By: Danielle DeMahy

There are twenty-nine states and Washington, D.C. that legally allow the use of marijuana in some form, eight of which even allow recreational use. There are many disregarded health benefits that come with medical marijuana, such as reducing seizures or symptoms of cancer, decreasing anxiety, slowing the progression of Alzheimer’s disease, reducing multiple sclerosis pain, and many other conditions.[1] States throughout the U.S. are slowly starting to see the increasing value in medical marijuana, thus implementing laws to support it.

In September 2011, the Federal Bureau of Alcohol, Tobacco, Firearms, and Explosives (“ATF”) released an open letter after receiving numerous inquiries concerning state authorized medical marijuana and Federal firearms laws. The letter stated, “there are no exceptions in Federal law for marijuana purportedly used for medicinal purposes, even if such use is sanctioned by State law.”[2] According to the Drug Enforcement Administration, marijuana is classified as a Schedule I drug, which is the class with the highest “potential for abuse and potential to create severe psychological and/or physical dependence.”[3]

When a person seeks to purchase a firearm, they are required to fill out the ATF’s Firearms Transaction Record, Form 4473. Included in this form is question 11(e), which asks the purchaser if they are “an unlawful user of, or addicted to, marijuana or any depressant, stimulant, narcotic drug, or any other controlled substance.”[4] In 2017 a revision of the form was put in place which included a warning to potential purchasers explaining that even if marijuana is “legalized or decriminalized” for recreational or medical use in the state of residence, it still remains unlawful under Federal law. This means if you answered yes to question 11(e), you were prohibited by Federal law to purchase a firearm.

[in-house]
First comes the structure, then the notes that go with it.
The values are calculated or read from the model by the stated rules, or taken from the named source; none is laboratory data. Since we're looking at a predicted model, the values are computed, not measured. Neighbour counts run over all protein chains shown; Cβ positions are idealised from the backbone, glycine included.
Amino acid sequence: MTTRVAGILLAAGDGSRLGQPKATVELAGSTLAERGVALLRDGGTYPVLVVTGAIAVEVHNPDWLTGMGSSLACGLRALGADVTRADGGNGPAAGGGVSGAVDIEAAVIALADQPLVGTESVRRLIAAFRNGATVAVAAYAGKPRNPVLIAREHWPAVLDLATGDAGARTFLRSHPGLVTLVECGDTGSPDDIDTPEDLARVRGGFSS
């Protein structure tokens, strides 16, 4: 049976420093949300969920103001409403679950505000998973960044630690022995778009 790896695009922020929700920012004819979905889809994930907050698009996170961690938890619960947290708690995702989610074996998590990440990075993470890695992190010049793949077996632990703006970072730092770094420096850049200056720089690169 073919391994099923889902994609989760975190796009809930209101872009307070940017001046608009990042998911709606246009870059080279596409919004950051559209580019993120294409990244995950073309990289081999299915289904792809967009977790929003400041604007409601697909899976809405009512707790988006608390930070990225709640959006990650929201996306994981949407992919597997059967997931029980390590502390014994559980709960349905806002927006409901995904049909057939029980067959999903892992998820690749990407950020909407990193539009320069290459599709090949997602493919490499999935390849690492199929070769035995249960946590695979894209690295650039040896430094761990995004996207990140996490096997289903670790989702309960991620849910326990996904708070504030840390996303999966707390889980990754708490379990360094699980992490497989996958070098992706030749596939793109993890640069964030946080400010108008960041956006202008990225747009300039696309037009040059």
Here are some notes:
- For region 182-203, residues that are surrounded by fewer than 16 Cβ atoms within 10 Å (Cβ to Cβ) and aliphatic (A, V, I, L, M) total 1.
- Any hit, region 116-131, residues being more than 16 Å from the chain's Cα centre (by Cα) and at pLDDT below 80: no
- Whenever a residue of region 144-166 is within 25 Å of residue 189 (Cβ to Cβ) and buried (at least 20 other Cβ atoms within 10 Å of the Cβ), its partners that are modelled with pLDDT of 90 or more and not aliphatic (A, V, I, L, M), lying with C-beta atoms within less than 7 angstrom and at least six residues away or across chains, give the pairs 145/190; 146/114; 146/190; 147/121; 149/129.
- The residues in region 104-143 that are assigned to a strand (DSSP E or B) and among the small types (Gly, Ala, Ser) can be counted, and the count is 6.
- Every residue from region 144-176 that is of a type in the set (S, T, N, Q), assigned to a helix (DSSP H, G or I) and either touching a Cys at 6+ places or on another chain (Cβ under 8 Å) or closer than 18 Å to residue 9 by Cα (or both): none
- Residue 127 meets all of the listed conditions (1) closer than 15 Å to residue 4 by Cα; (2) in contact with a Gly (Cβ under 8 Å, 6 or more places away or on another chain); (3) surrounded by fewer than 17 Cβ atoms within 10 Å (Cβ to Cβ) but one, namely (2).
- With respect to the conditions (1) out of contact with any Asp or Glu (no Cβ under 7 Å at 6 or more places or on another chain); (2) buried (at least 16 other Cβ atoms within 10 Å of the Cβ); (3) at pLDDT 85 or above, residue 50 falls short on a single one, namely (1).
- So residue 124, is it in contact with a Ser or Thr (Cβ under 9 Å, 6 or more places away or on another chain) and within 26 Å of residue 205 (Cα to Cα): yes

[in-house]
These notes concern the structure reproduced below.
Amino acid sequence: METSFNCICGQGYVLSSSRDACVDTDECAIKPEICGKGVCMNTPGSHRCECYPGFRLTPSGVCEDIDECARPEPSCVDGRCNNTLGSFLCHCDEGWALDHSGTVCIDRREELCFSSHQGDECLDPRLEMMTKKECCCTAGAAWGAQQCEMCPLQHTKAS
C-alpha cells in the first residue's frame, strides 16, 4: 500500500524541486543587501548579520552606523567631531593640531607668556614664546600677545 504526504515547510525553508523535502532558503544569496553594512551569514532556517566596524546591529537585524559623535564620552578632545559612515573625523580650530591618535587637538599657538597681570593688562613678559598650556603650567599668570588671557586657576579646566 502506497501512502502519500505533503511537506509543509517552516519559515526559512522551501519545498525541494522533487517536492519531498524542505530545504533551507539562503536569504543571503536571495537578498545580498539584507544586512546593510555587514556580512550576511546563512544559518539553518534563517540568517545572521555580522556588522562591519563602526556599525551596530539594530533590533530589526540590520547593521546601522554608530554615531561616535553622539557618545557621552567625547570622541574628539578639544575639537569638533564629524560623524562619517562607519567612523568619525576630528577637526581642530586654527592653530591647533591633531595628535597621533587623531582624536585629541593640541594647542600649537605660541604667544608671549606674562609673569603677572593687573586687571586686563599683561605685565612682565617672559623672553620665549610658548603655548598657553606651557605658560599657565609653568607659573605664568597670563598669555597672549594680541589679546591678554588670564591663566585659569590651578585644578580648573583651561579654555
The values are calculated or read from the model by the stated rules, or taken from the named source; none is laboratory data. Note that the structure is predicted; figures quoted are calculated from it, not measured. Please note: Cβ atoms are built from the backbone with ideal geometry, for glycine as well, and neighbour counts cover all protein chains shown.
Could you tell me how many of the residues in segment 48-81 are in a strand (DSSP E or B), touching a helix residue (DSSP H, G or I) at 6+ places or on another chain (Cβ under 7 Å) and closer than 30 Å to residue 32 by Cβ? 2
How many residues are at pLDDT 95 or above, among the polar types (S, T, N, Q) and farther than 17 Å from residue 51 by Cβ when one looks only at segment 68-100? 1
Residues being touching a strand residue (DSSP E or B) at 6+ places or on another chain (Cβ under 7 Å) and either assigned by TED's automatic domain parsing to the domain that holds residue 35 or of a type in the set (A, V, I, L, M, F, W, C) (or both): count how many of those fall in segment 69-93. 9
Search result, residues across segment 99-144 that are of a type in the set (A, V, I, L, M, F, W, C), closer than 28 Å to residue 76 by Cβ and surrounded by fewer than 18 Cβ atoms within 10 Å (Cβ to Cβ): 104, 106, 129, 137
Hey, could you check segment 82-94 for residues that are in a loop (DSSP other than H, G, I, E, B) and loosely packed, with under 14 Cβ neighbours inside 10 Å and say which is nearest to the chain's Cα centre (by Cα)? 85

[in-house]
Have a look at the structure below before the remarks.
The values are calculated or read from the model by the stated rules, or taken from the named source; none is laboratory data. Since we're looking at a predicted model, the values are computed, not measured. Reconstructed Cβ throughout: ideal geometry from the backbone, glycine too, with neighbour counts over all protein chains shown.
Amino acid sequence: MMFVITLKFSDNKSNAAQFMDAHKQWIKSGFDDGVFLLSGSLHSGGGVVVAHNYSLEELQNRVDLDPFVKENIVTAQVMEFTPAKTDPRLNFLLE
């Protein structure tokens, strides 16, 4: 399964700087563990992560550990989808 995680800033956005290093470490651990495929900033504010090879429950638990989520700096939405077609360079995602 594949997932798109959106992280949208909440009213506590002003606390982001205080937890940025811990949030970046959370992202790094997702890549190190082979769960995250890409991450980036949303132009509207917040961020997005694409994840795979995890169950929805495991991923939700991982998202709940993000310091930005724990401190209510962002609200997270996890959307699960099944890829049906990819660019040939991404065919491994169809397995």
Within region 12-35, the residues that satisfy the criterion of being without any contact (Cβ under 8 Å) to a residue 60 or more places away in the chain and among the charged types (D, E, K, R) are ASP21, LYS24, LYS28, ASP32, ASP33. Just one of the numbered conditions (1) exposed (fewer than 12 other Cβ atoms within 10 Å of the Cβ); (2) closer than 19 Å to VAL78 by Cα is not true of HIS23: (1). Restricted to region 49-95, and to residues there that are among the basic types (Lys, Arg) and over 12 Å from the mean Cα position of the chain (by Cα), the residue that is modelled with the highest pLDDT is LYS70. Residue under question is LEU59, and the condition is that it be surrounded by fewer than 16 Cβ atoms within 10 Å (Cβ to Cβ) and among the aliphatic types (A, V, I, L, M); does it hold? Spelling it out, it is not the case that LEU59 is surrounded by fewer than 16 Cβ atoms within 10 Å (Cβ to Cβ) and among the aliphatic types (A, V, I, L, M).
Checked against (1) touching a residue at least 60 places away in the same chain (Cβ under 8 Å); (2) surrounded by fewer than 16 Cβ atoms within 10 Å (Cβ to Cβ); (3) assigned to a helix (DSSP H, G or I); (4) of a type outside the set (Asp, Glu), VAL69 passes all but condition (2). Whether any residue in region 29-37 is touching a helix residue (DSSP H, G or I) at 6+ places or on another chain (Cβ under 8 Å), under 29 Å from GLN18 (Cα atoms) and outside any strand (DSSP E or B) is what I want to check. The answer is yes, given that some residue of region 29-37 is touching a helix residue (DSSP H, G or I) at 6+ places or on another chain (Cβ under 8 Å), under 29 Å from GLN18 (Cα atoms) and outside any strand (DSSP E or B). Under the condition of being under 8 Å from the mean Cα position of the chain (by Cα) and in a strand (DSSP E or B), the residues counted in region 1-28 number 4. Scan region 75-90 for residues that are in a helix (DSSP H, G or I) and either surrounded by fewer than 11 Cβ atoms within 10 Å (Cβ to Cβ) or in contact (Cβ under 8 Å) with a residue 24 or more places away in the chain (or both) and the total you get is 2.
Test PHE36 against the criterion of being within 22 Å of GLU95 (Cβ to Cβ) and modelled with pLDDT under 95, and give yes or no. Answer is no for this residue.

The Second Amendment to the United States Constitution guarantees a person’s right to bear arms for security purposes.[5] Recently, the U.S. Court of Appeals for the Ninth Circuit held that banning medical marijuana users from purchasing firearms does not violate their Second Amendment rights.[6] The court further explained that the purchaser could have accumulated legal firearms prior to acquiring her medical marijuana card (“Card”), and the ATF Open Letter and Federal laws would not impede her rights to retain possession of her firearms. On the other hand, she could purchase firearms and exercise her Second Amendment right at any time if she relinquished her Card, “thereby demonstrating to a firearms dealer that there is no reasonable cause to believe she is an unlawful drug user.”[7] The court’s questionable rationale is illustrated when it stated “it is beyond dispute that illegal drug users, including marijuana users, are likely, as a consequence of such use, to experience altered or impaired mental states that affect their judgment and that can lead to irrational or unpredictable behavior[8]

Federal law criminalizes the possession or receiving of a firearm by a person addicted to a controlled substance or an unlawful drug user.[9] This law brings conflict to those who have been issued a valid Card and those same individuals who also choose to exercise their right to bear arms. Under some circumstances, they must choose either their health or their safety. This notion that substance use increases unpredictable behavior is fundamentally flawed.